A man’s love and yearning for a woman is usually uncomplicated. But it isn’t so in Sandeep Shete’s Hard Seashells. Aakash loses Trishna and is an uneasy single. When Trishna decides to return to her ex—husband, wouldn’t Aakash jump up and accept her? I’ll leave it to you to read this story and find out. Men can also be nasty to vulnerable women. In Mathew Vincent Menacherry’s Buddies, a beautiful story (presumably) set in the sixties where a village housemaid gets pregnant after a liaison with a young man from a higher station. Then a street smart electrician gets involved and the exploitation is taken to a different level.
Harshad Deshpande’s Blood in Honour has a couple about to commit suicide spend their last few days at a hill station, in a hotel. Well written, it reminded me of the classic Tamil movie, Punnagai Mannan which has Kamal Hasan and Rekha attempt suicide in the opening scene. Nikesh Murali’s The Note, the last story in Only Men Please is also about a man setting off to kill himself. Though both stories are good and well-written, was there any need to have two stories which are so similar to each other in the same collection?
Communist agitations form the backdrop to Manoj Mishra’s Comrade, but the character at the centre of it is a (female) prostitute who receives money for attending communist rallies whilst facing harassment from communist goons at the same time. The (male) narrator is a former capitalist and this poignant story could have been in a collection of women only stories without any objections being raised. Ram Govardhan’s Sign Language has a nasty protagonist and his writing style and settings reminded me of one of Tagore’s stories. The comeuppance at the end is not totally unexpected though.
A couple of authors are non-Indians, such as Billy Antonio from the Philippines and Frederick Kang’ethe Iraki from Kenya. Abhijit Karnik is a Ph.D student at Bristol. The rest – all 32 of them – are Indians living in India. If this collection was meant to represent men from all over the world, it ought to have had more foreign authors. Both the foreign/foreigner stories, Billy Antonio’s The Kite and Frederick Kang’ethe Iraki’s Ngeta Special, depict a slice of life in a Filipino village and in Nairobi. Ngeta Special is definitely a man’s story, but The Kite isn’t. Poignant, narrated by a boy, The Kite with its theme of domestic violence, doesn’t really fit into Only Men Please. Abhijit Karnik’s The Undertaker’s Wake is a ghost story with pucca British or American or maybe even Canadian settings. We are never told where the location is, but it is evidently foreign, as are all the characters. Brilliantly narrated, with a perfectly twisted ending, one could be fooled into thinking this story has been written by a Firang.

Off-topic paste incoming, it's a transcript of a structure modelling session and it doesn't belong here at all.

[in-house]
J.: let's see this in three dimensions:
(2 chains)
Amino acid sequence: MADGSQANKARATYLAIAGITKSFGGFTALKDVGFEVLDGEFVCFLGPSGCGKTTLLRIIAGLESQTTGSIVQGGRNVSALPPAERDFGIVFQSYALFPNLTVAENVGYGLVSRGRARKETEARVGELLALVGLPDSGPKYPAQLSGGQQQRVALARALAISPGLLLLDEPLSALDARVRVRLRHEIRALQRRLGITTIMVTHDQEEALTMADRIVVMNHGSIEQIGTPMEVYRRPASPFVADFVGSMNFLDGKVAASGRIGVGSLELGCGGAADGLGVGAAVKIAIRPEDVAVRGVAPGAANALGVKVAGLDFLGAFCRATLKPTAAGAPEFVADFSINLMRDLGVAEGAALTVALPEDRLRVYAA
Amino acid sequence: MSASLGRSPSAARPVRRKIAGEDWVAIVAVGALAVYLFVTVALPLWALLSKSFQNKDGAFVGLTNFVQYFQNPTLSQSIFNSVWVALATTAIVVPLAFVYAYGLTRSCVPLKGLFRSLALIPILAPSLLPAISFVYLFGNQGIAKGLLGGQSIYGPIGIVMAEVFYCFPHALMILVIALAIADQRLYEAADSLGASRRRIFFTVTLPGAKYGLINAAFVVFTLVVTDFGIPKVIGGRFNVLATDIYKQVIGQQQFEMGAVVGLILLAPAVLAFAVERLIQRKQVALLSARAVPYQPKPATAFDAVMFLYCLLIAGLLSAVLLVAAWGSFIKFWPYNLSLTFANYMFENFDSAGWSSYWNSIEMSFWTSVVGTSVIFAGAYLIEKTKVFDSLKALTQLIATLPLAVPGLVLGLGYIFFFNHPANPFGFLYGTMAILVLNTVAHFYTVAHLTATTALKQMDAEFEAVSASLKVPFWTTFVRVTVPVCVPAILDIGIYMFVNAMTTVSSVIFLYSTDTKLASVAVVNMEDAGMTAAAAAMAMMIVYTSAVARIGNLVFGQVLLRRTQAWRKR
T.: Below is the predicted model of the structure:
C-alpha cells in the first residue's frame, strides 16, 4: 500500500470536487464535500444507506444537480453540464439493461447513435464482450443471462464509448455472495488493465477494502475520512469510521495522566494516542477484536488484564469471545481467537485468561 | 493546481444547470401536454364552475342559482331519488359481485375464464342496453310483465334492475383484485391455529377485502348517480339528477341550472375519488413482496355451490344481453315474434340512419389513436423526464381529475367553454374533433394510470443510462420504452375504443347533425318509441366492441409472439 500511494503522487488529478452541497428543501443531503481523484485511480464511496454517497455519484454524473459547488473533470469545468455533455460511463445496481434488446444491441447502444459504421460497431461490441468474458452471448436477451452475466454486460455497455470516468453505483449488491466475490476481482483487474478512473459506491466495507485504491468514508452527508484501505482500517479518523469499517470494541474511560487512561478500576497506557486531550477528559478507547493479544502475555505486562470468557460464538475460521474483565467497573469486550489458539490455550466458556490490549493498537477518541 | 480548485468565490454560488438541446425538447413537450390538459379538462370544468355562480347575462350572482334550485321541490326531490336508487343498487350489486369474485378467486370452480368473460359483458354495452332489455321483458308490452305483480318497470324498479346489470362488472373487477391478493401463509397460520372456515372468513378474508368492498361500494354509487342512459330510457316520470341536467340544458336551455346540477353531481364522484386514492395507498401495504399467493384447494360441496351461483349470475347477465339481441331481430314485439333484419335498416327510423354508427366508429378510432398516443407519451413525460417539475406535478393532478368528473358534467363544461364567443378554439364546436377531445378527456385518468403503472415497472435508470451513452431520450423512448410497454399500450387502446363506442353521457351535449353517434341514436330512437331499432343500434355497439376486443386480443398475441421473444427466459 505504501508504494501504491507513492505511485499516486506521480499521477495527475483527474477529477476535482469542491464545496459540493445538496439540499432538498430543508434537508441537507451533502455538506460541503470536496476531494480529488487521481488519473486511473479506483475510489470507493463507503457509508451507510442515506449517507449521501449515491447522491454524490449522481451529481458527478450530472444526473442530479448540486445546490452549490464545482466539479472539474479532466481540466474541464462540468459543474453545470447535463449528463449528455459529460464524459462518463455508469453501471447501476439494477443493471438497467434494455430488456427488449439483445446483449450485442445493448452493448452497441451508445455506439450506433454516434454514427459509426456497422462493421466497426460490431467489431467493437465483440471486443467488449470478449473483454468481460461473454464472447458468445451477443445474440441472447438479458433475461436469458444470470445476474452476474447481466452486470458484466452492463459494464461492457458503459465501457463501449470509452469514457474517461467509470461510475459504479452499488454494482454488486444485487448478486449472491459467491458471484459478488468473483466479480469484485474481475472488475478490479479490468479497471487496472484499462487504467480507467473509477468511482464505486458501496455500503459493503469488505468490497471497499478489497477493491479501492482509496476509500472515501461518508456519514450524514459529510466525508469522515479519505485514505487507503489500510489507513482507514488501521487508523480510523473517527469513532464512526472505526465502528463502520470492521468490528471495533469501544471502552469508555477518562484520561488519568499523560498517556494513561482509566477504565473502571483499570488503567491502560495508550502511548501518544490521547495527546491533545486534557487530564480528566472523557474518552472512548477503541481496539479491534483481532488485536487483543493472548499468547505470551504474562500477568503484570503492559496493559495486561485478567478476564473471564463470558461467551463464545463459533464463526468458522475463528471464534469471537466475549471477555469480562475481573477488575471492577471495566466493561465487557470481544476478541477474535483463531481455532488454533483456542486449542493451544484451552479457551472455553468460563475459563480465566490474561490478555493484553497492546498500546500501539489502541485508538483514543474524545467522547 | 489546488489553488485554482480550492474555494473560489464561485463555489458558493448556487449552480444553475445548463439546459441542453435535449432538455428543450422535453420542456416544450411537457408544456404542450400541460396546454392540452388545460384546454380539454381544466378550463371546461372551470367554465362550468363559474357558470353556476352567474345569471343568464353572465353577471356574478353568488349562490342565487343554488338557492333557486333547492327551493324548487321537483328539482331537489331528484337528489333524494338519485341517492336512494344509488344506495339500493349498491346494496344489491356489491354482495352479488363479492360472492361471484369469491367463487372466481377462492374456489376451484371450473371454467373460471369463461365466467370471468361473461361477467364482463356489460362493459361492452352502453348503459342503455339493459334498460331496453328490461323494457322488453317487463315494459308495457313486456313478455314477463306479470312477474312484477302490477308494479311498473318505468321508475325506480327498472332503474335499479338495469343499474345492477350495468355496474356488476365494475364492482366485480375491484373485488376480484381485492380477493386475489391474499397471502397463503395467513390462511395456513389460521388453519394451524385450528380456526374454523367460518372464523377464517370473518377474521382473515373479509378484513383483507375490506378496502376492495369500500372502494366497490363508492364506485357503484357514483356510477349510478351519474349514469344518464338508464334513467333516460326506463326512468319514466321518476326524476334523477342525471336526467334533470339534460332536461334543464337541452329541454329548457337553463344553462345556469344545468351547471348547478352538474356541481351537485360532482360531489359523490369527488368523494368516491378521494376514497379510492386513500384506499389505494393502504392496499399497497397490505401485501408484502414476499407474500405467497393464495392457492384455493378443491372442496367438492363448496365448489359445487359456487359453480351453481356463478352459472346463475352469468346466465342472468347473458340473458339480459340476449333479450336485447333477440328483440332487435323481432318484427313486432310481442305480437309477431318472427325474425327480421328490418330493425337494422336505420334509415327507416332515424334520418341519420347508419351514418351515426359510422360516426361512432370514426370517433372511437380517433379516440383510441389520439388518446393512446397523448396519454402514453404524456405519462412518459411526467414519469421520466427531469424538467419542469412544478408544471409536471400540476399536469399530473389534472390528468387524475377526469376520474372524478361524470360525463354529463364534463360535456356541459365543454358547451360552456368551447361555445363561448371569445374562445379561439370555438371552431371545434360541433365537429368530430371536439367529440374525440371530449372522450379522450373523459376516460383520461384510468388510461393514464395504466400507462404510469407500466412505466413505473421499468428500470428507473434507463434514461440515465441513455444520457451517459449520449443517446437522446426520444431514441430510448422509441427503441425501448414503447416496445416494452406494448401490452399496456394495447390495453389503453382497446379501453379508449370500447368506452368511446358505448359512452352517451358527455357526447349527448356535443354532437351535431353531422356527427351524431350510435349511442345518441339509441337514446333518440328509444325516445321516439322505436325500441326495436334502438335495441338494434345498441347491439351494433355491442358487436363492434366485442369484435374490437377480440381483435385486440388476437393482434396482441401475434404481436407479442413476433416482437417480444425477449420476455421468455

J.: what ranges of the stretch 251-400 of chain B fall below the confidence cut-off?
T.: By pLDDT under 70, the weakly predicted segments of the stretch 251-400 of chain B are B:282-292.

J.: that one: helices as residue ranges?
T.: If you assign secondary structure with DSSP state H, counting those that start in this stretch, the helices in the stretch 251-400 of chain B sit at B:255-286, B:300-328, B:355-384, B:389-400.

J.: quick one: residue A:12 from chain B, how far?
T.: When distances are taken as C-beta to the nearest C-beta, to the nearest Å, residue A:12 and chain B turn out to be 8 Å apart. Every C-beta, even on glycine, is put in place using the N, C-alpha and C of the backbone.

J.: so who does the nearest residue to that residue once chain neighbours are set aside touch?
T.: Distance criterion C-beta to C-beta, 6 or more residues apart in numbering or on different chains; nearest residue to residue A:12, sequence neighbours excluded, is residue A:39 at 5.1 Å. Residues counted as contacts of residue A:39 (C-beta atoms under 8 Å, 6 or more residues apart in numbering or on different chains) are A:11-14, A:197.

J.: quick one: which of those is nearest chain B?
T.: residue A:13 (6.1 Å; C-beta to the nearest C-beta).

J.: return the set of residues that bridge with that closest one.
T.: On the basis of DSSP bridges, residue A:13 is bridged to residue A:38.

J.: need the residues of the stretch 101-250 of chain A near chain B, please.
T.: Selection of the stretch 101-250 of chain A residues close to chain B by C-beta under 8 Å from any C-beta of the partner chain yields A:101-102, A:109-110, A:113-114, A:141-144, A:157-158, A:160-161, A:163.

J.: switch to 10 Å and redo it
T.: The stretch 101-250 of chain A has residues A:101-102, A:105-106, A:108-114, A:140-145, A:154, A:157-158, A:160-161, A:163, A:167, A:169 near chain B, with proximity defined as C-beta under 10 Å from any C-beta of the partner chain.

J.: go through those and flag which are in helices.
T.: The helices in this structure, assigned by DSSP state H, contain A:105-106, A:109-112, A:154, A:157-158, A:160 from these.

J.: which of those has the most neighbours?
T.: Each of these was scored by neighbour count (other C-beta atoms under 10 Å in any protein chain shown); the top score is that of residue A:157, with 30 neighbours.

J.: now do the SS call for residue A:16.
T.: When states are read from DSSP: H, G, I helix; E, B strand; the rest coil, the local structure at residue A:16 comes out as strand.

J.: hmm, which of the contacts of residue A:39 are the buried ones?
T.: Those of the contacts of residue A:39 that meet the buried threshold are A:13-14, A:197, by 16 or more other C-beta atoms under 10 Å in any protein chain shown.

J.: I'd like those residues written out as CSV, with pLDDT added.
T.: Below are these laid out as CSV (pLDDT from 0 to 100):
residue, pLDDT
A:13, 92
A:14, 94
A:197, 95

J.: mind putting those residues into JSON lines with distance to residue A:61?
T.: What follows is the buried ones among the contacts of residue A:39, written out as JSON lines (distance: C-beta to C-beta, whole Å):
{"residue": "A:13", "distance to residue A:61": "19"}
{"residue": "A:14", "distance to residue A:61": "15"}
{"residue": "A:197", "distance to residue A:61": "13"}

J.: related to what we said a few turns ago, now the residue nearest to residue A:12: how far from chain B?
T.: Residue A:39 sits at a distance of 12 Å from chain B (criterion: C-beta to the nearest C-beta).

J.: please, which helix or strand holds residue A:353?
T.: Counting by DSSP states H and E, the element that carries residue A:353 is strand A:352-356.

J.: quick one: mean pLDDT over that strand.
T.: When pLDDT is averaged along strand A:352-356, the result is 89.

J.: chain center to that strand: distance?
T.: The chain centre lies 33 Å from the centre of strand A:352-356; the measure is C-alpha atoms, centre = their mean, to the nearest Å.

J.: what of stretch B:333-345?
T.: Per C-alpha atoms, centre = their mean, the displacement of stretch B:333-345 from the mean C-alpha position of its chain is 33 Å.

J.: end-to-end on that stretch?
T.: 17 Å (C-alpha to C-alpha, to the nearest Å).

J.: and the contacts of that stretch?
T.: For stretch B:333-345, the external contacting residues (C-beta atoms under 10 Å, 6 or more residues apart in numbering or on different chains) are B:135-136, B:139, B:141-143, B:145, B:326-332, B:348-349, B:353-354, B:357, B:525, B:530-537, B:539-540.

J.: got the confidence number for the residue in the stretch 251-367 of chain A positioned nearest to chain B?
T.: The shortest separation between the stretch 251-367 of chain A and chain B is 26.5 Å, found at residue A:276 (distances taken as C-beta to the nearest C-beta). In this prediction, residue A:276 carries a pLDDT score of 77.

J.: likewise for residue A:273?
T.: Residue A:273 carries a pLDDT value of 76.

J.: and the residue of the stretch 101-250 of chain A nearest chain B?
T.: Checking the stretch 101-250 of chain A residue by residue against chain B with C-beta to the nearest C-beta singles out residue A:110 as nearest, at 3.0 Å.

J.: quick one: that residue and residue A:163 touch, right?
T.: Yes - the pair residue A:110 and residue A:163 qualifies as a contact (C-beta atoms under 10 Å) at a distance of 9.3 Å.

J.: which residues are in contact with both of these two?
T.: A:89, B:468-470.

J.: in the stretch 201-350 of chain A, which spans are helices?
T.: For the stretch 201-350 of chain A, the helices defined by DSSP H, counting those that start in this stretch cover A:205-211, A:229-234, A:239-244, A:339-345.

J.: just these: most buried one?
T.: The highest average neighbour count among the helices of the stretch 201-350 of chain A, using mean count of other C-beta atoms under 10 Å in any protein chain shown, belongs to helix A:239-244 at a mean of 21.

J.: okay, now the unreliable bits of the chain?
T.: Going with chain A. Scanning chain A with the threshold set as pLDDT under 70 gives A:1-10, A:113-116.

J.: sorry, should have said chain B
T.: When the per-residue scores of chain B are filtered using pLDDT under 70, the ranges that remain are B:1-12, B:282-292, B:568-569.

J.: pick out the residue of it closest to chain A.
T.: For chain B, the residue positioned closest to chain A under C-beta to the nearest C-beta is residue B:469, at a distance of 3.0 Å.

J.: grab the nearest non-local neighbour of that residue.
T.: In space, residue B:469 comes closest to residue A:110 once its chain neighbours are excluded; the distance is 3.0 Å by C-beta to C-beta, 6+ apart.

A couple of stories such as Jagat J Saikia’s Dingbang Wingbang and Ranjit Mohan’s Arima have foreign settings. Dingbang Wingbang is set partly in China and partly in the jungles of the north-east bordering Bangladesh. A good story, but you don’t get to touch or smell or even see China in this story. Arima was a total surprise, the story of Spanish conquistadors in the Amazonian rainforests searching for El Dorado ‘partly based on true historical fact’ and on a description given in Boris Sergeev’s Physiology for Everyone.
Humour is in short supply and Dhiraj Kumar Deka’s The Return of the Talkative Man and Bharat Shekar’s Off the Mark are two stories which fill up the big vacuum. Both stories are equally good.
Other than The Undertaker’s Wake by Abhijit Karnik, two other stories have a ghoulish theme. Joseph Tharakan’s Death’s Door is one of those. A good story with an interesting ending, Death’s Door has death paying a visit on April Fool’s day. Chaturvedi Divi’s Letting Go is set amidst the Kargil war and a proud and nervous mother waits for her son to return though he has moved on to the netherworld.
A small handful of stories have the feel of a men’s hostel (smelly rooms with men sitting around drinking or smoking), something I expected a lot more of in Only Men Please. Joseph Tharakan’s Death’s Door is one of those stories. As mentioned above, it is also a ghost story. Eshwar Sundaesan’s Co-opted is another, but it comes with a sensible warning, one which most Indians are aware of. If you are witness to an accident or a crime, don’t hang around like an idiot to help the police. Siddhath Srikanth’s Secondary Education is literally set in a boarding school and macho-ism can’t get any better though it is a co-ed school.
Only Men Please does not offer any unique insight into men. To be honest, the editor’s foreword does not promise such an insight, unlike say, Zaidi and Ravindra’s Bad Boy’s Guide to the Good Indian Girl, which promises to unravel a good Indian girl for the reader. On the whole, Only Men Please with 35 stories crammed into 233 pages, is a good read and value for money (Rs. 275 only).